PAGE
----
Blog Post

EHR Replacement: Get It Right the Second Time

2013 EHR replacement iStock 000034679460 Large

If your organization has completed a thoughtful analysis and determined that your incumbent system cannot be optimized, the next challenge is to plan and execute a successful replacement EHR implementation strategy.

The Game Plan

Replacing an EHR system is often more complex than implementing the original one. It’s critical to invest in up-front planning to define the business and end-user needs, implementation approach, data migration method, and technology integration strategy. To vet these areas, organizations should consider four components:


As with any complex project, the involvement and support of the individuals who are affected can ultimately dictate whether the outcome is successful.

  • Organizational Buy-In – All users must understand how the new system will enable them to be more successful in their jobs
  • Executive Leadership – Implementation cannot truly succeed if it is managed as an IT project and/or lacks clinical and operational leaders willing to hold people accountable for the success of the system
  • Change Management – Acknowledge and leverage the valuable input experienced users may have while setting realistic expectations about what users will and will not have an opportunity to influence


One of the most common mistakes made when implementing a replacement EHR is trying to recreate work flows optimized for the original system. Organizations need to:

  • Perform thorough current-state work flow analysis of clinical processes
  • Involve clinical staff and system application analysts in designing future work flows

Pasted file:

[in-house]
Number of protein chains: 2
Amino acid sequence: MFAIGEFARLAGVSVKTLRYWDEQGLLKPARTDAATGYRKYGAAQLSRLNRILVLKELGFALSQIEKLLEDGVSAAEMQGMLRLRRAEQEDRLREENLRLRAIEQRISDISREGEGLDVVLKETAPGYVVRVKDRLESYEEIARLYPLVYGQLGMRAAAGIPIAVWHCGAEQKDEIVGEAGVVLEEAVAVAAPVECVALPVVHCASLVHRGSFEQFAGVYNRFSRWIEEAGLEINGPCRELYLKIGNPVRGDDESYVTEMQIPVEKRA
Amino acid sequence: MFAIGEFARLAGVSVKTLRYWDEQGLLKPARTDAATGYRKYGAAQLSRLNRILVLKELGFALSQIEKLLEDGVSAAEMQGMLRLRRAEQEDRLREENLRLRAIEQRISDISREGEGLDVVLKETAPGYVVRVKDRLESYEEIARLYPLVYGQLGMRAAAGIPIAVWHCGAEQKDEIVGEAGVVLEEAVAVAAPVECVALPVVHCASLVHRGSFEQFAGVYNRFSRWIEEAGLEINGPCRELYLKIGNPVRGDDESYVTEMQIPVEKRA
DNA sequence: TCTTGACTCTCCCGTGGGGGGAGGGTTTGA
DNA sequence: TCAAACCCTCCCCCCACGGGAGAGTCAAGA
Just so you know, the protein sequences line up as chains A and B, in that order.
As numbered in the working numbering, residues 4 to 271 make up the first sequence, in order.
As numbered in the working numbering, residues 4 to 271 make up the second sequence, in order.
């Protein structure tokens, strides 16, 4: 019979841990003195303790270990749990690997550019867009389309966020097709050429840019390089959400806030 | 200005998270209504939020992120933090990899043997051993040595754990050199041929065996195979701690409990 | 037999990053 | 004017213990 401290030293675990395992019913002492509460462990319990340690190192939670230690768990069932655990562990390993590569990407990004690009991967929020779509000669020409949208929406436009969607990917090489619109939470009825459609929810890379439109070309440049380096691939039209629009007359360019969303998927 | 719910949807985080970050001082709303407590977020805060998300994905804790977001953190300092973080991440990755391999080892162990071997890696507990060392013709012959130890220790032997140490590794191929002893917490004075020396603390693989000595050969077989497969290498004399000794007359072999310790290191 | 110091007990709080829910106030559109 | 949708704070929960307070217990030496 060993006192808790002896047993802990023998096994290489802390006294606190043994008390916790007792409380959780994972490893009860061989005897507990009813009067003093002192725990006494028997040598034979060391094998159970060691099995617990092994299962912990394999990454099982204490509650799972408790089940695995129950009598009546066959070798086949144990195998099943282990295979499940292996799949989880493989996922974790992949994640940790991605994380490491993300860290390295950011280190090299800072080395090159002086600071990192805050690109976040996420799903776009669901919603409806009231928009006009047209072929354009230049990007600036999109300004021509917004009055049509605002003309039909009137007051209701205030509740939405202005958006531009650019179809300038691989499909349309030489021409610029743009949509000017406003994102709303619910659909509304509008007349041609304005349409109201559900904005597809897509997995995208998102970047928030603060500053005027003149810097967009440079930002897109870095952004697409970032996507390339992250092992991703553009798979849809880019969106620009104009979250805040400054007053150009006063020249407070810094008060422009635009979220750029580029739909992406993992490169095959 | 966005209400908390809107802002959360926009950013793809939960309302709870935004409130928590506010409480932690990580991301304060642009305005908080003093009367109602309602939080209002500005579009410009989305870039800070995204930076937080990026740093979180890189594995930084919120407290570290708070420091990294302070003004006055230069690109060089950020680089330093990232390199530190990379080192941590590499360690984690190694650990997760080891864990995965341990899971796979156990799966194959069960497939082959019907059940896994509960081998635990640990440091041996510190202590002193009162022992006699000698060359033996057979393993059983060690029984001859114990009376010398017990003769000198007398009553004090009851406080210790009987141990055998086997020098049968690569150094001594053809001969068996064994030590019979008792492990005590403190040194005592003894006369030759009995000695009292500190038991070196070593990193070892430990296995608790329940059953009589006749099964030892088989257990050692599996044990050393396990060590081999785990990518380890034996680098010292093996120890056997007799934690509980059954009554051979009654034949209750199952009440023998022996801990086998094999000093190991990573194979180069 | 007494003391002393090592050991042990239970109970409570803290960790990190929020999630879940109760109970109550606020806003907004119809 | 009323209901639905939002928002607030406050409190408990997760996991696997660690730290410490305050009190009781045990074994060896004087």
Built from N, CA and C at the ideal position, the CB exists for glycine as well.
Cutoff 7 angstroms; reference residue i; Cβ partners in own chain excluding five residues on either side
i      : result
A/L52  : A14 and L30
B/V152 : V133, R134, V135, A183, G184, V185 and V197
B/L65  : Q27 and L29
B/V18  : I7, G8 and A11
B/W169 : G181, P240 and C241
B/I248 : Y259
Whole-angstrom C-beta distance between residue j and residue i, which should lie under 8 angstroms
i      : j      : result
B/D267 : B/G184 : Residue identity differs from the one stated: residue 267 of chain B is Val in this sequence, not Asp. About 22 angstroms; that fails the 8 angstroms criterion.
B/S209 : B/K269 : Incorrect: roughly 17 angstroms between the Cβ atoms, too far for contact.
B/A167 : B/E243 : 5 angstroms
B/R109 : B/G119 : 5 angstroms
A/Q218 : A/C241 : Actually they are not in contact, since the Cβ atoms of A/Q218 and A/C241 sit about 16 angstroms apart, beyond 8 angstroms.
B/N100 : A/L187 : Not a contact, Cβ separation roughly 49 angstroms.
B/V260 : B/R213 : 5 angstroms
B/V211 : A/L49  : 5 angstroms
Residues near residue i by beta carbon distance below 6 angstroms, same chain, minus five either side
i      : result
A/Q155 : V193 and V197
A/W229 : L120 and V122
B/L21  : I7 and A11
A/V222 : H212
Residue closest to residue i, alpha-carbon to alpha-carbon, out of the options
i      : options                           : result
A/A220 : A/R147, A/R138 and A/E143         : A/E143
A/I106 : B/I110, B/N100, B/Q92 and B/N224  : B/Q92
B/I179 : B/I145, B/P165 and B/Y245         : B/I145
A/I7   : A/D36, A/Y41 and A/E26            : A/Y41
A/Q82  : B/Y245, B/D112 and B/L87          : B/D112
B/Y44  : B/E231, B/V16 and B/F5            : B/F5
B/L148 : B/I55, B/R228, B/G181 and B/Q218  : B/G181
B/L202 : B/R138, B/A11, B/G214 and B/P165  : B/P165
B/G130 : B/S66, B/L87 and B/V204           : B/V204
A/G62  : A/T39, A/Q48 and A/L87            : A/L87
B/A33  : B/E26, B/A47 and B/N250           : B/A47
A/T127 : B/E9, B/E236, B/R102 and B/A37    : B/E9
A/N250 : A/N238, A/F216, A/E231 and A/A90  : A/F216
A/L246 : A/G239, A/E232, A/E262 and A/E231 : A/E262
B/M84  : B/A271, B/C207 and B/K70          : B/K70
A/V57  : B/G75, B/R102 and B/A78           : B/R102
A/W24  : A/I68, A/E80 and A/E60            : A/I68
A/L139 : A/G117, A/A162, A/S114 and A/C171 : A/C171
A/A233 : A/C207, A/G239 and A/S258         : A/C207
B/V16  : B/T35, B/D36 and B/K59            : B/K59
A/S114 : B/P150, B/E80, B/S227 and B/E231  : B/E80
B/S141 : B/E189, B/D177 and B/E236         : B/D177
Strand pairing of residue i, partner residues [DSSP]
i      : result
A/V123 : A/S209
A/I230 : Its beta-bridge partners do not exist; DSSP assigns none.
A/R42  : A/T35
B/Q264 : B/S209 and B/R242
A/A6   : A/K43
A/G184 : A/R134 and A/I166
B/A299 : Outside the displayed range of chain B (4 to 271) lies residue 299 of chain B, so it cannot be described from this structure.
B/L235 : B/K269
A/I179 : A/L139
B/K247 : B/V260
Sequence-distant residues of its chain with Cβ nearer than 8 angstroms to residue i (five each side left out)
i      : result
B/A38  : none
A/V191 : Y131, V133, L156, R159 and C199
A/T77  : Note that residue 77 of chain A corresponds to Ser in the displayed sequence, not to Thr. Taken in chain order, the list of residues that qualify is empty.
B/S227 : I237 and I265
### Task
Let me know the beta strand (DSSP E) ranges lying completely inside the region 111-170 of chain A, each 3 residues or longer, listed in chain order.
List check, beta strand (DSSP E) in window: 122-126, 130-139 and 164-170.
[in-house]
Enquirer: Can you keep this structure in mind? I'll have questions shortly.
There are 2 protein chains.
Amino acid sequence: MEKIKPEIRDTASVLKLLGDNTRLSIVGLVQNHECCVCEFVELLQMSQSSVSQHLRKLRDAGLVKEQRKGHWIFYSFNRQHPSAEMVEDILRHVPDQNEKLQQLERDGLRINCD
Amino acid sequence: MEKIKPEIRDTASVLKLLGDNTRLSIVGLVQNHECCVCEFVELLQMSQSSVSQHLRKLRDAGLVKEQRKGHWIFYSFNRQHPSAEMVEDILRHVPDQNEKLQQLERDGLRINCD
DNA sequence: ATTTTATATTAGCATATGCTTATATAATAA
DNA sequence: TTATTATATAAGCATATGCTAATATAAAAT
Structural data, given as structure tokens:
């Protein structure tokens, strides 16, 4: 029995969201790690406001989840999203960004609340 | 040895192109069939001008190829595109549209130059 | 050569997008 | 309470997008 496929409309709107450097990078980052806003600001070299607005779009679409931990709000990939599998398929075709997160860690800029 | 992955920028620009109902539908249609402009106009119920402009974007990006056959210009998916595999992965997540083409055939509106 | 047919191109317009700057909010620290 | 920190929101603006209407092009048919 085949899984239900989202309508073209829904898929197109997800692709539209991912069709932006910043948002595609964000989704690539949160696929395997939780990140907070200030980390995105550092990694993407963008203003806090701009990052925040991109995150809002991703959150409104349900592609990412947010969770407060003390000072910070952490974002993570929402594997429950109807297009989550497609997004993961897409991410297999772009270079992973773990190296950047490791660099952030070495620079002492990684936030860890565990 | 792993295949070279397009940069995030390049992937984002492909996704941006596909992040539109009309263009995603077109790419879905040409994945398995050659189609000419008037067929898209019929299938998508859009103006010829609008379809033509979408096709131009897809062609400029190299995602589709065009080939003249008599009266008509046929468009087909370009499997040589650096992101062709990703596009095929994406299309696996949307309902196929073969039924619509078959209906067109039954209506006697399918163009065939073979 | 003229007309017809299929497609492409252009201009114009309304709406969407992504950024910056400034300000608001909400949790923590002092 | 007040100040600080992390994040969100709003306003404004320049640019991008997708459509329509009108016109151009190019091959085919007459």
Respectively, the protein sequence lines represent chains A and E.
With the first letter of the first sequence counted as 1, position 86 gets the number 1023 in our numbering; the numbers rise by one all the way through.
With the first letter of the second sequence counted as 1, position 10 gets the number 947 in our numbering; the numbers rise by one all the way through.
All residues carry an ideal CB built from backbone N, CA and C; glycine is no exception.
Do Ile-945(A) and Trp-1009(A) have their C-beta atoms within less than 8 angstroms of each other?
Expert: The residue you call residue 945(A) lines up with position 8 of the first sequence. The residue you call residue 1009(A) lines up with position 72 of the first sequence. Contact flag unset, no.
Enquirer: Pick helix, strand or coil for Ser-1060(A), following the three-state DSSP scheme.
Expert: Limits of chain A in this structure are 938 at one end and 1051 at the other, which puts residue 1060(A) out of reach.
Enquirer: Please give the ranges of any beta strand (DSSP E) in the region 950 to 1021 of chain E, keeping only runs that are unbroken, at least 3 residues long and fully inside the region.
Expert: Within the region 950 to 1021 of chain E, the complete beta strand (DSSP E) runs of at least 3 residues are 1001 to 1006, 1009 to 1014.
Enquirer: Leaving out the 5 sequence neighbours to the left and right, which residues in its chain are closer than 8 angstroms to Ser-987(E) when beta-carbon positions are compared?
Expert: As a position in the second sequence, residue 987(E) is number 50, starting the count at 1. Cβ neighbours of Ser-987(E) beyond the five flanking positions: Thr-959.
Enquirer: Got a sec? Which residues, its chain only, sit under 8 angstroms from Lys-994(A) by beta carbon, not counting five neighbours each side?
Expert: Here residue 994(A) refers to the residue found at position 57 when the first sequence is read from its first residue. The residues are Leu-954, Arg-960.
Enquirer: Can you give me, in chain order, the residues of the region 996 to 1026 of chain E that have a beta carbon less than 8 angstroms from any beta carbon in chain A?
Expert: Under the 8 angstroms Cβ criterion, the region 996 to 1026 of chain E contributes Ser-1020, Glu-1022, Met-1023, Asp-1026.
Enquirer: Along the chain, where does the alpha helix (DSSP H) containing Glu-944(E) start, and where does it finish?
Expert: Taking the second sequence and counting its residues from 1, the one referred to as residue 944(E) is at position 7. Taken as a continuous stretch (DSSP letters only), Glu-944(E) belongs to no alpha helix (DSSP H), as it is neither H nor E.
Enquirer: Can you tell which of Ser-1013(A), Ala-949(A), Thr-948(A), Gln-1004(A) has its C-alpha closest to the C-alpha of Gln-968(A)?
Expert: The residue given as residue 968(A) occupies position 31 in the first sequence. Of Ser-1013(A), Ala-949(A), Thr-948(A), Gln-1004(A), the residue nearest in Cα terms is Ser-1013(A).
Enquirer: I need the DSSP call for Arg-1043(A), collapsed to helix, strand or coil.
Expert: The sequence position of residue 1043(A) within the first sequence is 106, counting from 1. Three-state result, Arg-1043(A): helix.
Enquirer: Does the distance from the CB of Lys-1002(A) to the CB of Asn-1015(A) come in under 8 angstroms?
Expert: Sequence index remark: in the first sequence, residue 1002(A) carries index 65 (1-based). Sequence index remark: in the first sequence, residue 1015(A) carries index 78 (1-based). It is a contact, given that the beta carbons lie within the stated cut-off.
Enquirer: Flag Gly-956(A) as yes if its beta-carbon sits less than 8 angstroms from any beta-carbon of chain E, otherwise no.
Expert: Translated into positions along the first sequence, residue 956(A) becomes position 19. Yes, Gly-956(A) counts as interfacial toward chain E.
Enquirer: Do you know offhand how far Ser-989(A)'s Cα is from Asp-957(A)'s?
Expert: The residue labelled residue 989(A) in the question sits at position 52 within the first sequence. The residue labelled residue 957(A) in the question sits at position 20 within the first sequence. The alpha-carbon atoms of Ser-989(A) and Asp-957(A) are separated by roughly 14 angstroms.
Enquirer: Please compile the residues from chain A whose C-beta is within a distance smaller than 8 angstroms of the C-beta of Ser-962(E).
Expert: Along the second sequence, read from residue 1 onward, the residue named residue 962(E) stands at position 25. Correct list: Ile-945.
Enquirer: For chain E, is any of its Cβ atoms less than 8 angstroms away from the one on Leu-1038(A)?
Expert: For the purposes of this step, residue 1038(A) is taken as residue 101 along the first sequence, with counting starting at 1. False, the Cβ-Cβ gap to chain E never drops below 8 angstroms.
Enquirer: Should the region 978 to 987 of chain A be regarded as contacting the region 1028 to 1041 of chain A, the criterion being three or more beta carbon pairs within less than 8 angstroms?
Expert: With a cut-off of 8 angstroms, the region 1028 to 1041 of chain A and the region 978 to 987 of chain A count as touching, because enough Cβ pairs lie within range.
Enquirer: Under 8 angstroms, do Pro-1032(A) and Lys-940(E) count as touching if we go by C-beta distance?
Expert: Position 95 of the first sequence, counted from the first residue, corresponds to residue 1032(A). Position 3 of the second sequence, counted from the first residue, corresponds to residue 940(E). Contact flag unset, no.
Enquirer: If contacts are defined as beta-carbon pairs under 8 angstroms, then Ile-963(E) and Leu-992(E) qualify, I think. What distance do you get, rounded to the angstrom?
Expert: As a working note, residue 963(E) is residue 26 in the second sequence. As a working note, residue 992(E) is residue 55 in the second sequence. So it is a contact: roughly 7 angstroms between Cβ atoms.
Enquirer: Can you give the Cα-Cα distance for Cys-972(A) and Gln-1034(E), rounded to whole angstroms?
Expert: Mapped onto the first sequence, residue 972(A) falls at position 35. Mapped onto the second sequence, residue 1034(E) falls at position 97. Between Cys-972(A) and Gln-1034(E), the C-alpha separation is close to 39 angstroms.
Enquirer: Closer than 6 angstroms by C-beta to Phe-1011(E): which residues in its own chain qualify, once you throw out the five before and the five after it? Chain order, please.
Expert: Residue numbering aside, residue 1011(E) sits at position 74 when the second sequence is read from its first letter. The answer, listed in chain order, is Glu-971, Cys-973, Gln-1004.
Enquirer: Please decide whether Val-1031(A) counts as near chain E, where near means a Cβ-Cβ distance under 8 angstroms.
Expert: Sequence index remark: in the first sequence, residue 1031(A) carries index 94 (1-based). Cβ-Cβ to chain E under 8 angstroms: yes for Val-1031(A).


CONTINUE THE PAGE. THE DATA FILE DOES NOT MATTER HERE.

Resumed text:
• Thoroughly test work flows by a variety of users with quality initiatives and population health in mind
  • Launch mock go-lives that simulate common processes from beginning to end
  • Devise a strategy to transition staff from one system to the other


IT staff will most likely focus on the obvious technology impacts of the replacement system, including the often overlooked area of interfaces. Because a new system will involve new work flows and data mappings, the interfaces between systems should be reviewed in detail.

  • Include an in-depth testing process that accesses each data element being passed between systems, any translation rules that may be applied to data, and triggers to pass off data at appropriate times
  • Develop a data migration strategy to determine when data will stop flowing to the old system and start flowing to the new one. For example, if you perform your system cutover on January 1, does a lab result from a December 20 visit go into the new system or the old system?


The replacement poses a new problem – there’s already a wealth of discrete data in the old EHR, and an organization may be tempted to move it all over. Treat the existing EHR as you did paper charts and ask the same question: What do you really need?

Consider converting:

  • Active problem lists, allergies, medications, immunizations, and possibly patient history, last visit note, and lab results
  • Long-term meaningful use, Physician Quality Reporting System (PQRS), or population reporting data required by your organization

Consider archiving:

  • Data that is unlikely to be needed in routine patient care
  • Data elements 3 years or older, including acute conditions and scanned documents

To learn more about successful EHR replacement, read the original article.